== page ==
own experience, drop below thought, and feel the expanse
of our own hearts. By following our breath with single-pointed
attention, slowly relaxing into the sense of our own being we
can taste this emptiness. Seekers will often pop out of this space,
thinking there is nothing there. This is when faith in the
spiritual journey, the Mystery, is called for. This nothingness
is emptiness and contains everything. It is the Self. The more we
are able to find then simply relax into this space, we discover
the Truth, which is our true nature just waiting to be recognized.
Sunday, June 20, 2010
Visits to Arunachaleswara Temple... into the Temple's Belly. Tracing the footsteps of Ramana Maharshi.
The wandering sadhus wearing orange,
along with the ancient trees that bordered many roads, seemed like
surreal guardians. Their presence seemed to be whispering that a
mystical journey had begun.
~Bringing Home the Mountain: Finding the Teacher Within
The further we drove from Chennai, with a population of 7.5
million, the roads became narrow and the landscape rural.
Tiruvannamalai is 120 miles southwest of Chennai, and has a
population of around 130,000. However, the population can swell to
over a million during special full moon and other holy Hindu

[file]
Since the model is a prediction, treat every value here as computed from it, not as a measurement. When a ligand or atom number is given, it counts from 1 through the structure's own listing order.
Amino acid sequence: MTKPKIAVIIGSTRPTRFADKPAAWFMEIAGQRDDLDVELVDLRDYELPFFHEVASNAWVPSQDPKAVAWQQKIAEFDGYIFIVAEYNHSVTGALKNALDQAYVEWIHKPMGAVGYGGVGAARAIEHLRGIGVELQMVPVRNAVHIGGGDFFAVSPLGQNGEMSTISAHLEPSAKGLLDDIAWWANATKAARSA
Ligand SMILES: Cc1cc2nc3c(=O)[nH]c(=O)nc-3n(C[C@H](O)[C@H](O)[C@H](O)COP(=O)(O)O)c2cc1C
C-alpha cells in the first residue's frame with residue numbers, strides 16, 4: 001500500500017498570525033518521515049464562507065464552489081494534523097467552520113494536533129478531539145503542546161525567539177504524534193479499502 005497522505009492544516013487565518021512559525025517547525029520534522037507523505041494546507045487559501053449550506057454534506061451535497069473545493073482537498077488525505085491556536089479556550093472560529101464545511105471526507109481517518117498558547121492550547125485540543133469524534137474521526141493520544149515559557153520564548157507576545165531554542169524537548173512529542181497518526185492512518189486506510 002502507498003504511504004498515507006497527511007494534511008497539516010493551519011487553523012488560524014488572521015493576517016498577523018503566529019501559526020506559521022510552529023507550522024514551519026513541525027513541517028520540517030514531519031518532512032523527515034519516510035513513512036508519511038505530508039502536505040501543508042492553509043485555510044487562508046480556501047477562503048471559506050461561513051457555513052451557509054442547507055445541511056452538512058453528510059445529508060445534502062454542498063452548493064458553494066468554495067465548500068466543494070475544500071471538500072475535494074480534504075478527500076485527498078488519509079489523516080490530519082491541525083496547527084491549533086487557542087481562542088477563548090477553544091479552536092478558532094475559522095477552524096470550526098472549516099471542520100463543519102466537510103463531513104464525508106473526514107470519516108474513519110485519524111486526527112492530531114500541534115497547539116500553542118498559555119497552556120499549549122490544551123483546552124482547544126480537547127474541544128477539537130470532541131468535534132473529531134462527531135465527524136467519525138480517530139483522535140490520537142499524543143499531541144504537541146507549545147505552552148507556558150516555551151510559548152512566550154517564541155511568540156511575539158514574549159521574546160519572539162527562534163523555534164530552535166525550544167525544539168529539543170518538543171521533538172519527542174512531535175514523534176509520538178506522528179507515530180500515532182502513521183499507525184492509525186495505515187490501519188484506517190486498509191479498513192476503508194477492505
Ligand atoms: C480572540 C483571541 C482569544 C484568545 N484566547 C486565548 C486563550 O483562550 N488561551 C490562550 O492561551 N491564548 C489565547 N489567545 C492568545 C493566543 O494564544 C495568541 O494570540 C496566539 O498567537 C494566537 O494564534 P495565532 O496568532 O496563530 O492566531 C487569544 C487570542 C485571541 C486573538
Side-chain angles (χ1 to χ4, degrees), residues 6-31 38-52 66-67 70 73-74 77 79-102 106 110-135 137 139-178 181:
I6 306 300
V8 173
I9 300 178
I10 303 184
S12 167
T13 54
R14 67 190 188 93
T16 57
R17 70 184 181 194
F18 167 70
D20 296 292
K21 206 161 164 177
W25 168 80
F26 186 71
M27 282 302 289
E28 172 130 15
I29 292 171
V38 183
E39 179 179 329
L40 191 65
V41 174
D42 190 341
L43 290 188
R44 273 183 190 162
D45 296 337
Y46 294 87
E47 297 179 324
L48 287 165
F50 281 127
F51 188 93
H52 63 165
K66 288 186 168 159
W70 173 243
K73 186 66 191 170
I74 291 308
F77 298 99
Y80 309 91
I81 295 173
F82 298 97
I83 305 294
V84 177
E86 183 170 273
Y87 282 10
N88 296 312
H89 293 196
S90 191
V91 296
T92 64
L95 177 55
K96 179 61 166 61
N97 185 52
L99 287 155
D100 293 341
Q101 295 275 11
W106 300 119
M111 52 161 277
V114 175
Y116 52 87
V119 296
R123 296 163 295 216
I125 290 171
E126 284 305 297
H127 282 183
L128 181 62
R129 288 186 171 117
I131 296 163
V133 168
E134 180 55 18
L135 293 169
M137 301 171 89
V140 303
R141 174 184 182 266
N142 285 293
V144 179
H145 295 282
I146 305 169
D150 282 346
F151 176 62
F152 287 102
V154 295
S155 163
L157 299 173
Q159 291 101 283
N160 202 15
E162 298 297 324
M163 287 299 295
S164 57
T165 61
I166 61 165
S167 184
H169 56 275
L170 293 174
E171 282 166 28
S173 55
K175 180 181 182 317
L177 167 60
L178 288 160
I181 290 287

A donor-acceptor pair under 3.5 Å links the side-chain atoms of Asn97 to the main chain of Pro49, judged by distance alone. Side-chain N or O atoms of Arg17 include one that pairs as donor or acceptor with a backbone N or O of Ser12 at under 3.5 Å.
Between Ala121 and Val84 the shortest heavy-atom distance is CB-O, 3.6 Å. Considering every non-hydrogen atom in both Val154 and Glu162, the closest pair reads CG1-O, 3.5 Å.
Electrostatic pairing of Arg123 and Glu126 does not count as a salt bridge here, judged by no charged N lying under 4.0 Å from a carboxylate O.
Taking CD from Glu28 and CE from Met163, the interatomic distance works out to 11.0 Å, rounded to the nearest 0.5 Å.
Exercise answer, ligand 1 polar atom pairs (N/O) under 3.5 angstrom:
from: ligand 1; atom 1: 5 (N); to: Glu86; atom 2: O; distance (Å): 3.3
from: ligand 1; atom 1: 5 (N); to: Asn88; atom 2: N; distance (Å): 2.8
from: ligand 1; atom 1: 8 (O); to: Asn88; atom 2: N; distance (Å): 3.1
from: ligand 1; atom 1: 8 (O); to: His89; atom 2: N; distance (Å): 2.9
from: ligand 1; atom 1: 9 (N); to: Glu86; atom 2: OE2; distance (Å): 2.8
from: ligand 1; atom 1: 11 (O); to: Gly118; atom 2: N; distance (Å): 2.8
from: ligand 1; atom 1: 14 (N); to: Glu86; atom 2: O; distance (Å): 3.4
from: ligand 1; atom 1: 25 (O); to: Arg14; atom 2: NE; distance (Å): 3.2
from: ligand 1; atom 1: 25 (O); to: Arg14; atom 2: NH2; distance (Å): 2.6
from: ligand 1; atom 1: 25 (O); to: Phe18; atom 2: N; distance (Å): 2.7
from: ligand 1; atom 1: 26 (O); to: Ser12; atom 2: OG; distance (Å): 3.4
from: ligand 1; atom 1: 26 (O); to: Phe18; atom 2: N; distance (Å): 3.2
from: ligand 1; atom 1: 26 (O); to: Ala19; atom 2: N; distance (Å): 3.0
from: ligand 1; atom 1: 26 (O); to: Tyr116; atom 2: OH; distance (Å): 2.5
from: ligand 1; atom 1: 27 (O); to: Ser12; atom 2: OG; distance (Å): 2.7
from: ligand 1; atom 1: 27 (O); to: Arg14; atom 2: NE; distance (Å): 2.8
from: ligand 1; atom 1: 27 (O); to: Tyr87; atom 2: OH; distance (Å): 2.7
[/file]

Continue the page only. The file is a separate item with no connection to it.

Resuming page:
celebrations. I would be staying in a small village about two miles
away, near Ramana Maharshi’s ashram. When I spotted towering
lights in the night landscape, I knew we were close. It was my first
glimpse of the Arunachaleswara Temple, one of the largest in India.
~Bringing Home the Mountain-Finding the Teacher Within
When Venkataraman, later known as Ramana Maharshi, first arrived to Tiruvannamalai as a teenager he mostly sat absorbed in a samadhi, or heightened meditation state. He nestled himself in a tiny room within a dark basement of the ancient Arunacheleswara Temple and lived there. Despite the relentless insects, rodents, and other teens that would physically harass him, he sat unmoving. Finally, a kind hearted man took pity on him, recognizing him as an advanced soul. Ramana was assisted in relocating to a mango grove where he stayed until settling into the caves of Arunachala.
With a heart filled with devotion, I visited the room where Ramana first stayed. It is now a sacred shrine dedicated in his honor. One of the resident swami's then took a friend and I on a tour into the temple's belly.